The transcript is finally up from today's Crossfire on CNN. Here is what Bob Novak had to say about Wilsongate:
Nobody in the Bush administration called me to leak this. In July, I was interviewing a senior administration official on Ambassador Wilson's report when he told me the trip was inspired by his wife, a CIA employee working on weapons of mass destruction. Another senior official told me the same thing.
As a professional journalist with 46 years experience in Washington, I do not reveal confidential sources. When I called the CIA in July, they confirmed Mrs. Wilson's involvement in a mission for her husband on a secondary basis, who is — he is a former Clinton administration official. They asked me not to use her name, but never indicated it would endanger her or anybody else.
According to a confidential source at the CIA, Mrs. Wilson was an analyst, not a spy, not a covert operative, and not in charge of undercover operatives.
That first part is irrelevant — the issue is what was said, not who called who. Novak's appeal to the principle of not revealing confidential sources is stronger ground, and Crossfire made sure to underscore this point with an audience poll question skewed to emphasize the sacredness of protecting a journalist's sources.
The third paragraph is a blatant lie. Here, again, is what Novak had to say in his original column containing the leak:
Wilson never worked for the CIA, but his wife, Valerie Plame, is an Agency operative …
"Operative," not analyst.
I'm not sure what Novak hopes to accomplish by fudging on this now. It does seem to be the GOP talking point for the day — as Rep. Jack Kingston (R-Ga.) demonstrated by loyally staying "on message" with it throughout a Crossfire discussion:
REP. JACK KINGSTON (R), GEORGIA: … But at this point that we're at right now, we don't know exactly what her role is. … what did the woman do? Was she really a covert spy? Do we know exactly what her role is?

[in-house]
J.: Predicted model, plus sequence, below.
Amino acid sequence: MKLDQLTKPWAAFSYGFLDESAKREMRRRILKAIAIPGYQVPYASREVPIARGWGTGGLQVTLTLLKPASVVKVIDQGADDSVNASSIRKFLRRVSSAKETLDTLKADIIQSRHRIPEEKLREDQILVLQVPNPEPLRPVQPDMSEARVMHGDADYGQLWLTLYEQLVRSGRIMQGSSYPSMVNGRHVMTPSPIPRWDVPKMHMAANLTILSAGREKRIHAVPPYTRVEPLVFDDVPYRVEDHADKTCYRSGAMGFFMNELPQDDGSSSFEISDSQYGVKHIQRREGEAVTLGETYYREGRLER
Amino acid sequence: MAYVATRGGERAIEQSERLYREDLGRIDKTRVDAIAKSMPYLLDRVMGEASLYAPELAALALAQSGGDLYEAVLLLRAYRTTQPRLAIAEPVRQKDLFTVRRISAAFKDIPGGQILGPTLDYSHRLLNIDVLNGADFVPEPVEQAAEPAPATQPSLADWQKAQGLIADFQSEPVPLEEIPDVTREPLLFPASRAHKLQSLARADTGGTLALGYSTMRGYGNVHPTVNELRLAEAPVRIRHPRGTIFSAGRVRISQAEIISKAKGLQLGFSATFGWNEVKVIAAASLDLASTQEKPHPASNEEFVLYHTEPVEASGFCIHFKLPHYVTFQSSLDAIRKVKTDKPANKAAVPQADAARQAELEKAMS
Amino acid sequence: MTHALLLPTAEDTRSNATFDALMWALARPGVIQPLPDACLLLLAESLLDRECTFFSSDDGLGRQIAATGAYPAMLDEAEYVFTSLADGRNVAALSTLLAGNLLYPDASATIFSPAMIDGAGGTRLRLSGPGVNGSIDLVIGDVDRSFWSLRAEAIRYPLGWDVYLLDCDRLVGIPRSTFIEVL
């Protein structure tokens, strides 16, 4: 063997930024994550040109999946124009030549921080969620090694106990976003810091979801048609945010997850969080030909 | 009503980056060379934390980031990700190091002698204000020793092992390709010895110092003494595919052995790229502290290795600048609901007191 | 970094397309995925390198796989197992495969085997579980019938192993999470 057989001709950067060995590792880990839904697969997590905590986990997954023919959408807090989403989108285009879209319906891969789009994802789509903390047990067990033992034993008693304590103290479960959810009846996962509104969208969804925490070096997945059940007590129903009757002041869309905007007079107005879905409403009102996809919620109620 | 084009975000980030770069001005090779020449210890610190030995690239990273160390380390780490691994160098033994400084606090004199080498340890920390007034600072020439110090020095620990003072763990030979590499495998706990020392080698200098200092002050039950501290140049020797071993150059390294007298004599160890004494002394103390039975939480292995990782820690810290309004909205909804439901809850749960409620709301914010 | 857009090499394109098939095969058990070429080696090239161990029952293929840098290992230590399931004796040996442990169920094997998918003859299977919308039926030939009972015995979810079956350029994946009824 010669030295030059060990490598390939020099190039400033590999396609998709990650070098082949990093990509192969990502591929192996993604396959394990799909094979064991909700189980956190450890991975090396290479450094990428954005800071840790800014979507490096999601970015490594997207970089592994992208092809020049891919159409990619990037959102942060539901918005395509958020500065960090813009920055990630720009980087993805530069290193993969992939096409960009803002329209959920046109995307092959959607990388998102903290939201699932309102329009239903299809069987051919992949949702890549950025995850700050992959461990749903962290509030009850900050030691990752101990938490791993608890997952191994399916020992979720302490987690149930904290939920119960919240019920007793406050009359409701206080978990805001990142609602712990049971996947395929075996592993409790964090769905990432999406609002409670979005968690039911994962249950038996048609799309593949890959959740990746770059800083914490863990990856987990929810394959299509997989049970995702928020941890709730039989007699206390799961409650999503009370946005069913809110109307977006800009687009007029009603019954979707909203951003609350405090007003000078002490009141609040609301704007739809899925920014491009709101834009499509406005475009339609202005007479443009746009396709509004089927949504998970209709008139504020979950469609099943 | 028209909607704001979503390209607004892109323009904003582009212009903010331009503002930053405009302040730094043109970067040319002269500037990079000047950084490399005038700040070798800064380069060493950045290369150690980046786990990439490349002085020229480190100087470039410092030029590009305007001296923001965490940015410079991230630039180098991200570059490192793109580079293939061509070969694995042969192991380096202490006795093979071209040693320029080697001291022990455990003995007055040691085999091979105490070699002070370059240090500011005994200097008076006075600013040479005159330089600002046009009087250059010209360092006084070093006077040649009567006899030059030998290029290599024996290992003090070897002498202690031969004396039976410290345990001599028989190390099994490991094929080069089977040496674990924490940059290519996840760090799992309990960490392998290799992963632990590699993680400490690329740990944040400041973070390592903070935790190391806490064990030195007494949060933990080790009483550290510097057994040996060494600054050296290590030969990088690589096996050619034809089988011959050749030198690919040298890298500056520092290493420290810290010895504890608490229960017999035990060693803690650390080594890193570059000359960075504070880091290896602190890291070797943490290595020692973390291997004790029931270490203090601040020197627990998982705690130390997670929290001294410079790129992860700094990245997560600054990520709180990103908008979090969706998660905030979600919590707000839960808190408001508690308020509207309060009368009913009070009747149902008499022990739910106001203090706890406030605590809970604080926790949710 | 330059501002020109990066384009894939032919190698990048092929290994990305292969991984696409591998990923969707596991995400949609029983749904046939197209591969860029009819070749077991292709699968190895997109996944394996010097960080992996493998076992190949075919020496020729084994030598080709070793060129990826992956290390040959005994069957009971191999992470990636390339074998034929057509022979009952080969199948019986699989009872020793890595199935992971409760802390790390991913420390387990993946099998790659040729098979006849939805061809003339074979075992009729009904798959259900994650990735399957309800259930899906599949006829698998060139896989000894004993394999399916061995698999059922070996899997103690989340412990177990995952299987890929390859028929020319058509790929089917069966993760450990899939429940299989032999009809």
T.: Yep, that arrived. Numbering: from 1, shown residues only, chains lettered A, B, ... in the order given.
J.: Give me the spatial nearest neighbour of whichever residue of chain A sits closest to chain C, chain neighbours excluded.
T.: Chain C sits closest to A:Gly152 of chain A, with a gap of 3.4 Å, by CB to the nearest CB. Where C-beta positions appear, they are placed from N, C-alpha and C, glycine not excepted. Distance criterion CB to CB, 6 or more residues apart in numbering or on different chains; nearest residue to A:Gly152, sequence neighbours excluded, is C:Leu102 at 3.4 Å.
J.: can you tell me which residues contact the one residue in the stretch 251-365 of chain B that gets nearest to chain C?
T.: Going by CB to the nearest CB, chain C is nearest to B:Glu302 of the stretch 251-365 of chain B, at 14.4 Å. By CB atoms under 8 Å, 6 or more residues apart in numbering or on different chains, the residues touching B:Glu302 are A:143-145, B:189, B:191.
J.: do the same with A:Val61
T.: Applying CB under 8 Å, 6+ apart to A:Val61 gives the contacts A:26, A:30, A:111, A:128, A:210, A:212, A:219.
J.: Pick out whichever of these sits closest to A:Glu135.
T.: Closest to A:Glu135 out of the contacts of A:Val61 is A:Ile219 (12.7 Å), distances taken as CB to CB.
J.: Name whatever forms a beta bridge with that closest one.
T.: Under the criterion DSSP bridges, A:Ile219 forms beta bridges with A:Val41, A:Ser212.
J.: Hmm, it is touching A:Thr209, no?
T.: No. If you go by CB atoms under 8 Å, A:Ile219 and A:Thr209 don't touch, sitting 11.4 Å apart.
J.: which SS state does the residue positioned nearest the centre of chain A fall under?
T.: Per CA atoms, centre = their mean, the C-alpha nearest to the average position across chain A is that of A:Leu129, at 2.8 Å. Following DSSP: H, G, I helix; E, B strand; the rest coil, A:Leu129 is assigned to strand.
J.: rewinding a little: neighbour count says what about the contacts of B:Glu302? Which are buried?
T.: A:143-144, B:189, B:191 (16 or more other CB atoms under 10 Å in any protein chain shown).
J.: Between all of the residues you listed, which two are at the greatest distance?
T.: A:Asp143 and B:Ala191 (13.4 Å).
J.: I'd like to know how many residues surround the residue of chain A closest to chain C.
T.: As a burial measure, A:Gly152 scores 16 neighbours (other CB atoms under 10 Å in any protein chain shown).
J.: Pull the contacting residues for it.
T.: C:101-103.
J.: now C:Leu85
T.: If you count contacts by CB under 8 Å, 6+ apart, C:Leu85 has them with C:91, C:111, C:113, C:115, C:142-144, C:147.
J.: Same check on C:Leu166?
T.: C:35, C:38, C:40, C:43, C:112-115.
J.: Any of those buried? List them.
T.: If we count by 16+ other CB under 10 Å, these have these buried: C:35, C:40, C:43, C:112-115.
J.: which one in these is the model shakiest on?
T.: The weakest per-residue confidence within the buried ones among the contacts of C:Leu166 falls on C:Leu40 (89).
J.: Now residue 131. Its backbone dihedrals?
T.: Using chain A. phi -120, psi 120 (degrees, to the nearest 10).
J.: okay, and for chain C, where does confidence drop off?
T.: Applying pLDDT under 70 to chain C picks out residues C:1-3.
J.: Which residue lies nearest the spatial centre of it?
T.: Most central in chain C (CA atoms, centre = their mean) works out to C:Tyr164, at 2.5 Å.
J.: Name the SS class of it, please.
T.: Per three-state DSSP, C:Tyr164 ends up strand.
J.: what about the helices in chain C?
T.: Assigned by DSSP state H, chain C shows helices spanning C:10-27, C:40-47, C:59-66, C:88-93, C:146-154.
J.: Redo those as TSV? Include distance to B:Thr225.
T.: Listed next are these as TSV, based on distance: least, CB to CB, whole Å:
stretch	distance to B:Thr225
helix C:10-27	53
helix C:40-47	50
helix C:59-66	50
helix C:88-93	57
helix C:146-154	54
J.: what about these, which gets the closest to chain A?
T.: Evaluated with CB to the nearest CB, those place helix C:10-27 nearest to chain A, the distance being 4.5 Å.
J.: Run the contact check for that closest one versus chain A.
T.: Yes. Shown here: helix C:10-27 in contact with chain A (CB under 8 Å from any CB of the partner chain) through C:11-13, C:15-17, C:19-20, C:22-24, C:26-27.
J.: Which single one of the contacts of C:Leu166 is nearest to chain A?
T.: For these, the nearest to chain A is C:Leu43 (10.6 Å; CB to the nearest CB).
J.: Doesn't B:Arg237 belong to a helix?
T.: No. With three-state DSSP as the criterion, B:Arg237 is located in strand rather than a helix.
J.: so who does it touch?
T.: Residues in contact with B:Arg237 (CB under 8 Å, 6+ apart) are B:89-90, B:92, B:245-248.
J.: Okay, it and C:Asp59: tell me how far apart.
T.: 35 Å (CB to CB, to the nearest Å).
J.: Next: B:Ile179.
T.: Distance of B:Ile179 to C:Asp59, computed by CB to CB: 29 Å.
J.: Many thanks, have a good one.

NOVAK: No, we really don't know. And they never said — some people told me she was an analyst.
But, Mr. Ford…
KINGSTON: But I think that's relevant. We need to know if she was a spy or if she was a glorified secretary.
REP. HAROLD FORD JR. (D), TENNESSEE: But in Mr. Novak's original column, you said she was an operative looking into weapons of mass destruction.
NOVAK: But I keep reporting, Harold, that a lot of people say she's an analyst now. …
"A lot of people" being Kingston and Novak, apparently. (And you have to love the flagrant sexism of Kingston's "glorified secretary" comment. Obviously a woman couldn't have been doing anything important at the CIA.)
What Novak is arguing is that at the time he wrote his column, he thought he was revealing the name of a covert operative and putting her life and national security in jeopardy. But that he later learned that this wasn't the case, that she was "only" an analyst. This is a rather odd way of defending yourself — the old "incrimination" defense.
Unfortunately for Novak and Kingston, this isn't a dispute over a matter of opinion, but over a matter of fact. A point raised by "Jack, from Alexandria" in a question from the Crossfire audience:
UNIDENTIFIED MALE: Yes. My name is Jack from Alexandria, Virginia. And if Mrs. Wilson is merely a CIA analyst, then I agree with Mr. Novak that there is no scandal here. But if she is in fact a CIA covert operative, her exposure is unconscionable and the source of the leak should be fired and prosecuted.
NOVAK: Well, the question is — the people I have been talking to in the CIA — not the official spokesmen — but the people say that there is no — there was no danger to her or any of her people. Maybe we will have to have an investigation on this and we will get some CIA secrets.
Meaning: Even Novak's audience isn't buying his argument. Expect to see him test-drive another variation of his excuse tomorrow. Same batty time, same batty channel.